As a student and teacher of yoga and practitioner of the Gokhale Method, I choose yoga poses that make good use of my time. “Chair pose” is well worth the time investment. In fact, it has become one of my favorite strength-building postures. It is useful for cultivating a J-shaped spine. It helps increase gluteal tone. It helps to pattern healthy hip movement. It is strengthening for the legs and spinal stabilizers. And, last but not least, it allows a yoga practitioner to smoothly transition between a standing forward fold and mountain pose — without compression of the intervertebral discs.
Cecily Frederick in chair pose with J-spine visible, overlaid with SpineTracker™ snapshot.
Detail of Cecily Frederick’s spinal shape in chair pose, overlaid with SpineTracker snapshot.
SpineTracker snapshot of Cecily Frederick’s spinal shape in chair pose.
Chair pose is also Esther Gokhale's favorite way to cultivate strength in all the muscles needed to tallstand well. She recommends it to students who tend to park in their joints (locking the knees and groin, flattening the feet, arching the back and introducing extra curves throughout the spine). After practicing chair pose, the small amount of muscular effort it takes to stand well becomes easy to access.
To practice chair pose, stand with your feet about hip-width apart and kidney bean shape your feet. Reach your arms forward and up as you simultaneously bend your knees, hips and ankles as if you were sitting down and back into a chair. Hold for a few seconds and then press down through your feet (and especially through your heels) to come back to standing while lowering your arms.
A couple of practice sequences you could consider:
Transition from tallstanding (“mountain pose” or Tadasana) to chair pose and back to tallstanding 4-6 times.
Transition from tallstanding to chair pose to an upward forward fold (Urdhva Uttanasana) to chair pose (Utkatasana) to tallstanding 4-6 times.
Cecily Frederick in upward forward fold (Urdhva Uttanasana or hip-hinge).
Five refinement tips
1. Strengthen your butt / spare your knees
To help develop gluteal strength and avoid knee strain, don’t let your knees come forward over your toes as your knees bend. Think about pulling your butt back behind you. Consider using a stool that you position in front of your shins while standing, and don’t let yourself push it forward as you move into chair pose.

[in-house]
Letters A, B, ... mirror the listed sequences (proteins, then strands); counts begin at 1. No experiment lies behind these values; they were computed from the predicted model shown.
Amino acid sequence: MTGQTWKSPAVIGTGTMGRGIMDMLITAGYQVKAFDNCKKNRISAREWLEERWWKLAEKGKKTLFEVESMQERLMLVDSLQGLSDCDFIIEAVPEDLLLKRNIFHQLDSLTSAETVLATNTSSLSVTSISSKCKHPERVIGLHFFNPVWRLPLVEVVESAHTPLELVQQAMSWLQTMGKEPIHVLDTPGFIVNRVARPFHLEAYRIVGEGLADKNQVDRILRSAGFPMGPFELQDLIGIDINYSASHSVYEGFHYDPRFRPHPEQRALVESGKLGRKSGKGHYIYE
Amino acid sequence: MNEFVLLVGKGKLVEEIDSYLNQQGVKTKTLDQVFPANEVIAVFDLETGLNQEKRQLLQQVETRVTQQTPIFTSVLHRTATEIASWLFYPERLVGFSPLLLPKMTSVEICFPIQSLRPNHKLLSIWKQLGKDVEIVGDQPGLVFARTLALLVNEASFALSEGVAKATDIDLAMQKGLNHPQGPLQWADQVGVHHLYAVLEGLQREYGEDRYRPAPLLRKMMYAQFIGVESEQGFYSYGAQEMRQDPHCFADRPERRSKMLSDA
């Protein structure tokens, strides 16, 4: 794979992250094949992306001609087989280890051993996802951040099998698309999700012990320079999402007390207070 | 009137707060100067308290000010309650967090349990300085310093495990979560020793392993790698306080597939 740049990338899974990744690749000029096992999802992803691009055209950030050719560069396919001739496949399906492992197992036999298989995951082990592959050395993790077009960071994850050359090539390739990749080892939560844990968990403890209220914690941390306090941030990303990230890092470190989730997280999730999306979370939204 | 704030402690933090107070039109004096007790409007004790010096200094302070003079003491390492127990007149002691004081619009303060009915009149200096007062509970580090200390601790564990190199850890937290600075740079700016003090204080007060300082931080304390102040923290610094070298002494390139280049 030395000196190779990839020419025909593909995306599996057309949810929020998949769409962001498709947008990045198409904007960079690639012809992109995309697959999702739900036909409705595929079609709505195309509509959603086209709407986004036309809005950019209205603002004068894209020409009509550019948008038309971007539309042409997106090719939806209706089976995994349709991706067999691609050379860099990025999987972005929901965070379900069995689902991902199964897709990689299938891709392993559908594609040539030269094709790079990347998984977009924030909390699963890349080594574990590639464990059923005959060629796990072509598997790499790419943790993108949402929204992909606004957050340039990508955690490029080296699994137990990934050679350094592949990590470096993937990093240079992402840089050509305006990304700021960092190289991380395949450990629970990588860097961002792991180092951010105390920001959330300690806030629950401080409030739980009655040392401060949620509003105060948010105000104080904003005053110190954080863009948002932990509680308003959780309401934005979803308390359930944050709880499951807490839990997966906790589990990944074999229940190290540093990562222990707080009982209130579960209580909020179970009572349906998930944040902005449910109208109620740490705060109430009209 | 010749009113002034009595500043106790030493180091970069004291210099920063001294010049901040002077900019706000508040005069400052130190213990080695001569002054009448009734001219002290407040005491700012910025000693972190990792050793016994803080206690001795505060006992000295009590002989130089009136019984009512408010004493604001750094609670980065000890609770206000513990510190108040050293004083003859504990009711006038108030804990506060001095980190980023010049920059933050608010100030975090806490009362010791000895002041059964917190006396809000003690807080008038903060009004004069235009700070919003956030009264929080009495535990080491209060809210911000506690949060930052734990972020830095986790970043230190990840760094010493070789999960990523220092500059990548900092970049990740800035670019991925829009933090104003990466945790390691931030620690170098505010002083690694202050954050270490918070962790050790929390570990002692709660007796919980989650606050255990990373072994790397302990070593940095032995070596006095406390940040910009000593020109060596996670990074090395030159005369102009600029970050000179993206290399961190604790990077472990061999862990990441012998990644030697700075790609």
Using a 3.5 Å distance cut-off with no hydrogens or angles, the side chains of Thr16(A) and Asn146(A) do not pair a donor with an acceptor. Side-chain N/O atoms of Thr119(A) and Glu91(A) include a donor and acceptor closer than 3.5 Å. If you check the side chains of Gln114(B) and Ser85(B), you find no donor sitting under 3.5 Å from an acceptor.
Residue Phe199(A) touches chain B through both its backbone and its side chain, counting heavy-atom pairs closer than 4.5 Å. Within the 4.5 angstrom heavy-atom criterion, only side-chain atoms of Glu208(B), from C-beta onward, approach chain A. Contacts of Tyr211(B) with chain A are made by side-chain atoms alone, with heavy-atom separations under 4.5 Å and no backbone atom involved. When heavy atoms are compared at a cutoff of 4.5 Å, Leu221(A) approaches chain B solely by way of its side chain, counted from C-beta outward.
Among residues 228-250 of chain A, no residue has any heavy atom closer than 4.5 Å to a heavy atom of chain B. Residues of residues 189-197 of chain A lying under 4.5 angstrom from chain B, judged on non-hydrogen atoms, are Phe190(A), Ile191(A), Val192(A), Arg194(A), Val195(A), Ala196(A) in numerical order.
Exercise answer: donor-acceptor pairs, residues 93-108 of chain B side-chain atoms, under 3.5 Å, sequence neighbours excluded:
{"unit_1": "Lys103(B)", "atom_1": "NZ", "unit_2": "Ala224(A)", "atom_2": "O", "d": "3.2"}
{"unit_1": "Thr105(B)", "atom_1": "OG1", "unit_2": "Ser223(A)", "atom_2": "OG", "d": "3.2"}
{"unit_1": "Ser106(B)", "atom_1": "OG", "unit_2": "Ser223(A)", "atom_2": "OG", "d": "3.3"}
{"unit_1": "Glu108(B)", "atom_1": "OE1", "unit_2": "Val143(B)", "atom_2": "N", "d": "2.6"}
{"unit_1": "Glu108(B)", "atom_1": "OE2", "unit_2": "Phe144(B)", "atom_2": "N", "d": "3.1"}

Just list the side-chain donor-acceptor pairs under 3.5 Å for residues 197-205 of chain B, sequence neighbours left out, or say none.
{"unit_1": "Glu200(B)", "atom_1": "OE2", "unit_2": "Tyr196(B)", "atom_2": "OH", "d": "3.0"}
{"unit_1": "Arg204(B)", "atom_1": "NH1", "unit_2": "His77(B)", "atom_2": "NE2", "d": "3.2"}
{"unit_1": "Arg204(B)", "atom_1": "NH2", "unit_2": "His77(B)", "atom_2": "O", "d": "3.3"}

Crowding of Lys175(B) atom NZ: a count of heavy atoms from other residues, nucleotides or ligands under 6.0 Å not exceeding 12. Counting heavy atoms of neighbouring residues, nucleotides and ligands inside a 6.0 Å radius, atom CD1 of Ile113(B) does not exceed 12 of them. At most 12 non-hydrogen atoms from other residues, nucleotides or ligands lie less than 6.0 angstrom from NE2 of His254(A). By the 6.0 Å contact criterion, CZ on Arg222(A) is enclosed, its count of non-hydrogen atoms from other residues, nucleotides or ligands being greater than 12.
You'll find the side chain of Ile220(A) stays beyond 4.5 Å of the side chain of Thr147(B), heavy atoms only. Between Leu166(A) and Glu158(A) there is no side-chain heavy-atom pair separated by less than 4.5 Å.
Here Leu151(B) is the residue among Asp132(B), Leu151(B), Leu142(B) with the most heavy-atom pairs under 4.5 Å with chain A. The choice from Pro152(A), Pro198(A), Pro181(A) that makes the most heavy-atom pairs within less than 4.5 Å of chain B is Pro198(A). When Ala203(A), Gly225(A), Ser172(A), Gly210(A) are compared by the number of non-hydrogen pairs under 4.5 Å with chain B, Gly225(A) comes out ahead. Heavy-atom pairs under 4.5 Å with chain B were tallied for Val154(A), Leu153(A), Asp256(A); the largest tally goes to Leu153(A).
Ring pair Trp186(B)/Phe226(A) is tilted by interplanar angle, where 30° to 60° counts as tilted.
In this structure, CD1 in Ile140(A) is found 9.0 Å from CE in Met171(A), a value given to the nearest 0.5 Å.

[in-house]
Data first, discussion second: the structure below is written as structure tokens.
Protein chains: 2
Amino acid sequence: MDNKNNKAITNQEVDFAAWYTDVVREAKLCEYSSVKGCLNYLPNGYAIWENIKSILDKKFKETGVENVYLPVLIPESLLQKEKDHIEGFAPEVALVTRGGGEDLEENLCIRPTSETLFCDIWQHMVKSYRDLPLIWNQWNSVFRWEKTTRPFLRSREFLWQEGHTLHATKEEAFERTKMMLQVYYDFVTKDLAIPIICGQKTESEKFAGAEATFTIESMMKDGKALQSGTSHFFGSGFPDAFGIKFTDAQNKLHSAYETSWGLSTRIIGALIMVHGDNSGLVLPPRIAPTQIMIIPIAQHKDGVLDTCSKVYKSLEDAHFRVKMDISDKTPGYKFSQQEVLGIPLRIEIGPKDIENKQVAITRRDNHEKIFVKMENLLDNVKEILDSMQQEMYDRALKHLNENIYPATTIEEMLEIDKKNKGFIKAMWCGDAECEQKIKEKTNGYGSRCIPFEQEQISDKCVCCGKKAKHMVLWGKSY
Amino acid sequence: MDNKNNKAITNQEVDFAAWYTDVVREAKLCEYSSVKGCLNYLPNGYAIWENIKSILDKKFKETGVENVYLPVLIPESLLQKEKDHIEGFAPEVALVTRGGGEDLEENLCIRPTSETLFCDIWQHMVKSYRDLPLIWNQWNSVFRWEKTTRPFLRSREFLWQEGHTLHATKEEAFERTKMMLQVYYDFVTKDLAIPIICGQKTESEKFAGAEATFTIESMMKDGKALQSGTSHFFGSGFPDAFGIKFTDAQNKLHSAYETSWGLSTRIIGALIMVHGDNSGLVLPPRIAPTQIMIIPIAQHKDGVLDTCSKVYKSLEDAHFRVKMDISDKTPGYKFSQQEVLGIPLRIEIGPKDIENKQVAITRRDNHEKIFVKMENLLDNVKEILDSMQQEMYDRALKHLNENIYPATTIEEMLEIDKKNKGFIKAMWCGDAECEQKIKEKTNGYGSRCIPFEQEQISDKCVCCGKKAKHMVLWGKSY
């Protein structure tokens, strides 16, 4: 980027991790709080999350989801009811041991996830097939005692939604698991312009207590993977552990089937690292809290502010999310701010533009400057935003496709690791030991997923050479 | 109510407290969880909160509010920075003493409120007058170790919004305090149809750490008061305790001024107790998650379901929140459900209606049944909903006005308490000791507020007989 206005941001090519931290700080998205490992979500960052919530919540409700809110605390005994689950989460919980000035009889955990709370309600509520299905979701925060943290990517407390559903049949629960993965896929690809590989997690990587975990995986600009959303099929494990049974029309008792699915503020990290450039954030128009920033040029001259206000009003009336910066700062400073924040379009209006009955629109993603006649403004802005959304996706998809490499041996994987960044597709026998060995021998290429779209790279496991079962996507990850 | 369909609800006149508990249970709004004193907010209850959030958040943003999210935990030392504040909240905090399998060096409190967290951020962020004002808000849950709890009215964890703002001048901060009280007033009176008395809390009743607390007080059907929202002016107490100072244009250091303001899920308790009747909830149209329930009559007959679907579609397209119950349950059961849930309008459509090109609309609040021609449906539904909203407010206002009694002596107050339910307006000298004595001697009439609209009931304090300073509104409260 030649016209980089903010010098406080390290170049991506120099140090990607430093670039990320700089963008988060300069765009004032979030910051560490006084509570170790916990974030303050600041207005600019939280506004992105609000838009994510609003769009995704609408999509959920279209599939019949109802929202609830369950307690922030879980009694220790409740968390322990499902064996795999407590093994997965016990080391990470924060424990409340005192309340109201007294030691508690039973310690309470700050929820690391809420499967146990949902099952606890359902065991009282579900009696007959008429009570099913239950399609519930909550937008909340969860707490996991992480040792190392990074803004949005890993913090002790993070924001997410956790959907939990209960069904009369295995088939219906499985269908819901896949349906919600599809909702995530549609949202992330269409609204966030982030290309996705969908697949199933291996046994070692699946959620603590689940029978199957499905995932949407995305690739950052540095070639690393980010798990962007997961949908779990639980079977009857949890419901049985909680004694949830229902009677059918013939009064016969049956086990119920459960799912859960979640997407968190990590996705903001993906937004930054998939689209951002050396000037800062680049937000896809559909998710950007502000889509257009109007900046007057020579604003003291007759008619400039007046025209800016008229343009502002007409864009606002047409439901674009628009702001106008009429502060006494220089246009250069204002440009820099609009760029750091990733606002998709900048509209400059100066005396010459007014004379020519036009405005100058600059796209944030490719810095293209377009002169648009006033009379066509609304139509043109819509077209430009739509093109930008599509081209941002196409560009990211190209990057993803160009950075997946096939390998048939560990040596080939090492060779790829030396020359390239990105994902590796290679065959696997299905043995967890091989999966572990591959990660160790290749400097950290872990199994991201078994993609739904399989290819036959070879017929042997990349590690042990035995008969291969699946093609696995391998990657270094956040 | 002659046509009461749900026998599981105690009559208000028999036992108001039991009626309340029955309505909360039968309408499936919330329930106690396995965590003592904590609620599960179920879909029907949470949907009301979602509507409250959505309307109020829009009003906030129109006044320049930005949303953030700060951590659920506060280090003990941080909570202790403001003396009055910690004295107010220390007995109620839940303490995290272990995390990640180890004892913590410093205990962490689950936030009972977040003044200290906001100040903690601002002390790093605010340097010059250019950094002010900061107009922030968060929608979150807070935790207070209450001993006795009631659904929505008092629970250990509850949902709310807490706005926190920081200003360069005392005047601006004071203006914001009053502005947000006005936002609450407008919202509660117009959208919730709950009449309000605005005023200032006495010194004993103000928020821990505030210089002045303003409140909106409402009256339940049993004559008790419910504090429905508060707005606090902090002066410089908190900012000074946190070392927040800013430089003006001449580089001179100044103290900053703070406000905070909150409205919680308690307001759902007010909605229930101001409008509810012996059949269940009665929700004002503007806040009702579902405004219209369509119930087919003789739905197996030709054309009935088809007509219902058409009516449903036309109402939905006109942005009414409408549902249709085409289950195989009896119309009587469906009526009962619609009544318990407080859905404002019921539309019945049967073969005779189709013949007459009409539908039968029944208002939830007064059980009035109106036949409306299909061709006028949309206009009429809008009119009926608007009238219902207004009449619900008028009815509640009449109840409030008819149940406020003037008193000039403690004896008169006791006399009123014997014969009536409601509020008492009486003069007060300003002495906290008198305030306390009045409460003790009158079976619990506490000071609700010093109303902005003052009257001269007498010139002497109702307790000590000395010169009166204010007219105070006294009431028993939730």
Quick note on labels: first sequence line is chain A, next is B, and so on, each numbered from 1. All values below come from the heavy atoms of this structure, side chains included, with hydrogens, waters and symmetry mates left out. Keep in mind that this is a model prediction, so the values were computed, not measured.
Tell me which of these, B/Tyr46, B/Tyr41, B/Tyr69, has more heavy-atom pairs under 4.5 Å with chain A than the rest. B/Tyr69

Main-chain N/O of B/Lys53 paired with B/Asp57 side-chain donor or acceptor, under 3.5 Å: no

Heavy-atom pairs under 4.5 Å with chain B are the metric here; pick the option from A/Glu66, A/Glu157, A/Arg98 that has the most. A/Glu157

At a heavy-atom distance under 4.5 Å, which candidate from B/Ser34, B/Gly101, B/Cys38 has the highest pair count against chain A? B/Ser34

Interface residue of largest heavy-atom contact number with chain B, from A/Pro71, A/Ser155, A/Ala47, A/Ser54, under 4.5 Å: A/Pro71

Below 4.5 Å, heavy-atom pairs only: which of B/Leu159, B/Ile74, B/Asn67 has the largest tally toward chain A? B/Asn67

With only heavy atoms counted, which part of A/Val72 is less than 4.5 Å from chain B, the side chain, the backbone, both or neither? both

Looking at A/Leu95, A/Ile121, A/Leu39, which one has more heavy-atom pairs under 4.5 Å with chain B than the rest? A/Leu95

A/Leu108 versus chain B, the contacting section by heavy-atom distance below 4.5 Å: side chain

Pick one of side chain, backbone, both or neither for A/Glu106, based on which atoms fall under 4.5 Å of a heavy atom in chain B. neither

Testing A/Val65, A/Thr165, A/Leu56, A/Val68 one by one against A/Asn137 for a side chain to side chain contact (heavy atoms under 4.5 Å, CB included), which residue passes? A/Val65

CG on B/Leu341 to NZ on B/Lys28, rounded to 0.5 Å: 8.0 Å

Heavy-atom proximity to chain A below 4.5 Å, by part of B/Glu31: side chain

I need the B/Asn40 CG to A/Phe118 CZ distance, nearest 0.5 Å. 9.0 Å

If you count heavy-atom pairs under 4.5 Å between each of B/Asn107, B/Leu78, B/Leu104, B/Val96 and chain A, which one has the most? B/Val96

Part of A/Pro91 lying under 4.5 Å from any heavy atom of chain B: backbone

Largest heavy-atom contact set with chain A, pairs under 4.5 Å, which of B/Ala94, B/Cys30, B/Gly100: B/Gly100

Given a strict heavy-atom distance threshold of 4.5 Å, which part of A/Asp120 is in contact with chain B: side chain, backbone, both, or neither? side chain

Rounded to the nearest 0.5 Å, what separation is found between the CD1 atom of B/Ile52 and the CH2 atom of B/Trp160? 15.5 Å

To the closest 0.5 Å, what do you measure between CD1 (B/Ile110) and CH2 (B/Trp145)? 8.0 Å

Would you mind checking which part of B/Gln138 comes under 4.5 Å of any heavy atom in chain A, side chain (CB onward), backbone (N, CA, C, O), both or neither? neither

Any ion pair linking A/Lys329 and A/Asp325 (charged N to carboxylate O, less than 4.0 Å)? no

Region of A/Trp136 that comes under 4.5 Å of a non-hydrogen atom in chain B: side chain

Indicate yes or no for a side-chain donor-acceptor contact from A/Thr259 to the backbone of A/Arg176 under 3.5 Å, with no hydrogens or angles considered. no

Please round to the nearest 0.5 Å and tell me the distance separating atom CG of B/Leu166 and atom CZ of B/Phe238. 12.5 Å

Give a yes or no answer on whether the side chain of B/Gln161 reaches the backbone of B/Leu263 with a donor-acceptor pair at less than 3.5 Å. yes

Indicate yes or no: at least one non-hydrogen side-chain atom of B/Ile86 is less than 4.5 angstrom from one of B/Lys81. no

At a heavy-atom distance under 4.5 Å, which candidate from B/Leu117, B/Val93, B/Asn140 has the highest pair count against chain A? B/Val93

Cecily Frederick using a stool to cue chair pose, with help from a friend.
2. Save your discs
To help avoid swaying the back and compressing upper lumbar discs, don’t reach your arms up vertically. Instead let them reach forward.
3. Settle your pelvis
To help the pelvis to settle well, you might not want the feet and knees too close together. Experiment with different widths between your feet. Remember what you learned in the Foundations Course or Pop-up Course about hip-hinging.
4. Less is more
Don’t force yourself into a deep knee, hip, or ankle bend. Allow your chair pose to begin where it begins. Less is often more in a yoga practice.
5. Break it down
If you have an injured shoulder you can lower your arms, bring them to your hips or press the palms together in prayer position in front of the sternum.
Dear Cecily,Thank you so much
Thank you so much! This is very clear and concise. Just yesterday, I spent some time searching the website for chair pose. The timing is magic!
The stool is a great idea, likewise the wisdom to refrain from overdoing it.
Yay! I'm so glad this is what
Yay! I'm so glad this is what you were looking for.
Hi Cecily,This is an
This is an outstanding lesson. So precisely written and illustrated.
I have been healing from a stress fracture to the head of my femur. I have about 2 more weeks of limited weight bearing and crutches. When I am given to OK to start using my hip normally and strengthening, I will definitely be re-visiting this article and folowing your clear guidance and instruction.
Thank you so much.
Sorry to hear about your
Sorry to hear about your stress facture, Ellen. Take good care of yourself!
Important movements,information and photos; but there was no mention of the importance of keeping your core braced vs. "dropped" as these movements are being done. As a personal trainer, I feel it's important to keep your core braced in essentially all exercises; otherwise it puts undue pressure on the back/spine .... or am I missing something?
Thank you :)
Thanks, Barbara. I agree
Thanks, Barbara. I agree with you.
Cecily...Thanks, this was
Cecily...Thanks, this was wonderful. I love having your spine tracker superimposed to see your j-spine in the pose. And the placing of the stool as a guide very useful. Thanks for reminding me that sometimes less is more. I will be much better off bringing arms to hips and concentrating on getting the lower body correct.